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The main goal of this book is to encourage and formalize the infusion of evolutionary thinking into mainstream conservation biology. It reviews the evolutionary foundations of conservation issues, and unifies conceptual and empirical advances in evolutionary conservation biology. The book can be used either as a primary textbook or as a supplementary reading in an advanced undergraduate or graduate level course - likely to be called Conservation Biology or in some cases Evolutionary Ecology. The focus of chapters is on current concepts in evolution as they pertain to conservation, and the empirical study of these concepts. The balanced treatment avoids exhaustive reviews and overlapping duplication among the chapters. Little background in genetics is assumed of the reader.
Of what use is evolutionary science to society? Can evolutionary thinking provide us with the tools to better understand and even make positive changes to the world? Addressing key questions about the development of evolutionary thinking, this book explores the interaction between evolutionary theory and its practical applications. Featuring contributions from leading specialists, Pragmatic Evolution highlights the diverse and interdisciplinary applications of evolutionary thinking: their potential and limitations. The fields covered range from palaeontology, genetics, ecology, agriculture, fisheries, medicine, neurobiology, psychology and animal behaviour; to information technology, education, anthropology and philosophy. Detailed examples of useful and current evolutionary applications are provided throughout. An ideal source of information to promote a better understanding of contemporary evolutionary science and its applications, this book also encourages the continued development of new opportunities for constructive evolutionary applications across a range of fields.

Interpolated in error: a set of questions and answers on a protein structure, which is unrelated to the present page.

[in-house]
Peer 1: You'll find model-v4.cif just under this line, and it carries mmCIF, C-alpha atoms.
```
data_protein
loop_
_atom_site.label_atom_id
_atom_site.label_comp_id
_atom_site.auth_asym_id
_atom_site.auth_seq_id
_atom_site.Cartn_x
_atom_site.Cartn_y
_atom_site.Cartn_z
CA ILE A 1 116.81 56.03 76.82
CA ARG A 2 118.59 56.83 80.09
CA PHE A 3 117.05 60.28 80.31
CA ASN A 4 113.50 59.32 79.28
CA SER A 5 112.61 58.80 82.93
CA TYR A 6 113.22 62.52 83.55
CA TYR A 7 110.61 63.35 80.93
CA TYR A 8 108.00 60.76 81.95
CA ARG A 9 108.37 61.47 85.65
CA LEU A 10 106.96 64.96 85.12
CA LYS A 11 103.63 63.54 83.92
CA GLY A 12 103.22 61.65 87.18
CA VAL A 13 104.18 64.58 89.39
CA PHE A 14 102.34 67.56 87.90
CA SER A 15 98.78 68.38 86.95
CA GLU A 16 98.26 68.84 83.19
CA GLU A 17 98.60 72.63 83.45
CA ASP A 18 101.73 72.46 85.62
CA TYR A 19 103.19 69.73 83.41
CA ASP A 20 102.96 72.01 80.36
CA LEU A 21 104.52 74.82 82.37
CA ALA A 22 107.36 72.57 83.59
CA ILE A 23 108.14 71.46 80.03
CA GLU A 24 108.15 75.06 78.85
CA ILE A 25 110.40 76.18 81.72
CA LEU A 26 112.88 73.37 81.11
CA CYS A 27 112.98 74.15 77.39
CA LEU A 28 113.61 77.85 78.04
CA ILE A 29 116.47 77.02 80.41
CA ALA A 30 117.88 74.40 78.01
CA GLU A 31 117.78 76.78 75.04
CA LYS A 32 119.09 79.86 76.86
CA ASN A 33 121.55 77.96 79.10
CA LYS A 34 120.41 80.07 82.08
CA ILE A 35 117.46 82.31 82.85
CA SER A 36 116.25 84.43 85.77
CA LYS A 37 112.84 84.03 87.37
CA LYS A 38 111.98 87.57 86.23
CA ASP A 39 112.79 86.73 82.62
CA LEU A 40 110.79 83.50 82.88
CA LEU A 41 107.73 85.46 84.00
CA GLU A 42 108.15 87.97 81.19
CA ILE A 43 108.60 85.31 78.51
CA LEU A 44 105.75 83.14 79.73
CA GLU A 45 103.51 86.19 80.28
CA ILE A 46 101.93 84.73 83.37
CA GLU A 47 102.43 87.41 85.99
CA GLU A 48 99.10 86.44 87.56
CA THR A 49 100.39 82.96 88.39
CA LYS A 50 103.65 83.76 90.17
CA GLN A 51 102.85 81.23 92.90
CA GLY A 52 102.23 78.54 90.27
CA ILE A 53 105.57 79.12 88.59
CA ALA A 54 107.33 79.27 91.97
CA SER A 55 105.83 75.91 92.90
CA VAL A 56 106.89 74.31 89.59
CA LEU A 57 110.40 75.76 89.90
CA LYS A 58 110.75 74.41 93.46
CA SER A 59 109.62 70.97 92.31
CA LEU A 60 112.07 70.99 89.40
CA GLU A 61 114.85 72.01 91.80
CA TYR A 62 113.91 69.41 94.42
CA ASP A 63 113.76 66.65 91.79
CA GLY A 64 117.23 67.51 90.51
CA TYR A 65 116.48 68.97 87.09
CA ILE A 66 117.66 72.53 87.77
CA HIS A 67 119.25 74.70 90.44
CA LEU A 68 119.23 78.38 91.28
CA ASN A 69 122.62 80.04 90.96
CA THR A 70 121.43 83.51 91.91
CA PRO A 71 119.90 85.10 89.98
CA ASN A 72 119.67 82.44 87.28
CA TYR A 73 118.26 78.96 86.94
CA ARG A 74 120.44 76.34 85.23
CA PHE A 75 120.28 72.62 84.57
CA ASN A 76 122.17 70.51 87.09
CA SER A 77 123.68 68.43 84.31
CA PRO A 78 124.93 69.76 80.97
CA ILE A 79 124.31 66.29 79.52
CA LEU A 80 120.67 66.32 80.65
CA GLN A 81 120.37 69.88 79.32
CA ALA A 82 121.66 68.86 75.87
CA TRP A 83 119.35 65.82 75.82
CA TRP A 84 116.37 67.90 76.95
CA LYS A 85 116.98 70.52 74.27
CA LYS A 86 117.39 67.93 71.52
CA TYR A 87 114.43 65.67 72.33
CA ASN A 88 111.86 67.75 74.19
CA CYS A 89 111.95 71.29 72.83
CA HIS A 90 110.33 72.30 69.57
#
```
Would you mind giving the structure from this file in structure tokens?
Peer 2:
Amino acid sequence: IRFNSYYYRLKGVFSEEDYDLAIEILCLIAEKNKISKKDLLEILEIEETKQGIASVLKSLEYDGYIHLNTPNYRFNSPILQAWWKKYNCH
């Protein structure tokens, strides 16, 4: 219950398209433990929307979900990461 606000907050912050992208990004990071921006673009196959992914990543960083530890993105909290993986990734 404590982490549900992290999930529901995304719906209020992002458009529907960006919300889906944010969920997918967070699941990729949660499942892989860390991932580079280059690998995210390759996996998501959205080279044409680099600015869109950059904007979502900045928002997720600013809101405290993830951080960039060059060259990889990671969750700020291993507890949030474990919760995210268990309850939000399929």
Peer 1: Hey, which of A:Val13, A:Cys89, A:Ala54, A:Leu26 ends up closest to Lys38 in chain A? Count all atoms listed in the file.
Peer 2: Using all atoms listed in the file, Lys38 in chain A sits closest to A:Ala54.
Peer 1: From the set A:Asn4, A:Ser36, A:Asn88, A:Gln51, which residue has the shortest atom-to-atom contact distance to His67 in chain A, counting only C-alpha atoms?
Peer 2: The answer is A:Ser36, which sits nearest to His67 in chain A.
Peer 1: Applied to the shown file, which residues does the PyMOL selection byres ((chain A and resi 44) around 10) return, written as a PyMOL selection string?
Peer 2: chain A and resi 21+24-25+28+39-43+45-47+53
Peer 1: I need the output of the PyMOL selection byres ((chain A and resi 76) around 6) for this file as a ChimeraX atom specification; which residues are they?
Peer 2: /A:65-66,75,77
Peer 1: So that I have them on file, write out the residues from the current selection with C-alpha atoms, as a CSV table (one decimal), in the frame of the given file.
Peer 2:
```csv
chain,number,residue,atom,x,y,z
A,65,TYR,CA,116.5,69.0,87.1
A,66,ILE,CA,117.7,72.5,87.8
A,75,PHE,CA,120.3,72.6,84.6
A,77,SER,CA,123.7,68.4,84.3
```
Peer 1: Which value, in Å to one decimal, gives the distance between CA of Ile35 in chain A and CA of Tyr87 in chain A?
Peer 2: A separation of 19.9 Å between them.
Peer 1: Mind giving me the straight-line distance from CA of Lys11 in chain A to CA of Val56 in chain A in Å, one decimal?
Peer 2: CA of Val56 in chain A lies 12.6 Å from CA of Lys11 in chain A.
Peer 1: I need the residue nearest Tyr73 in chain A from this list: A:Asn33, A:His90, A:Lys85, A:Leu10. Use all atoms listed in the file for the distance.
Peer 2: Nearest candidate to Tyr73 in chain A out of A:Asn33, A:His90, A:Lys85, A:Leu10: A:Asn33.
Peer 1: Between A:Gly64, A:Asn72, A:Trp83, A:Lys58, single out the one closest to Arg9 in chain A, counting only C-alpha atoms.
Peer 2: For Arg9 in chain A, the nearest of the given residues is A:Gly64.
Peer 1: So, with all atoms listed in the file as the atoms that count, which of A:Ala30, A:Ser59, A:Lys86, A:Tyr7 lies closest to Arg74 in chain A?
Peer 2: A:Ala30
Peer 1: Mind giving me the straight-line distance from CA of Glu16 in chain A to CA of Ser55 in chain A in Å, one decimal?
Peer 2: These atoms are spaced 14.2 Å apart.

This book provides both the conceptual basis and technological tools that are necessary to identify and solve problems related to biodiversity governance. The authors discuss intriguing evolutionary questions, which involve the sometimes surprising adaptive capacity of certain organisms to dwell in altered and/or changing environments that apparently lost most of their structure and functionality. Space and time heterogeneities are considered in order to understand the patterns of distribution and abundance of species and the various processes that mold them. The book also discusses at which level—from genes to the landscape, including individuals, populations, communities, and ecosystems—men should intervene in nature in order to prevent the loss of biodiversity.
Provides a timely and wide-ranging overview of the fast expanding field of dispersal ecology, incorporating the very latest research. The causes, mechanisms, and consequences of dispersal at the individual, population, species, and community levels are considered.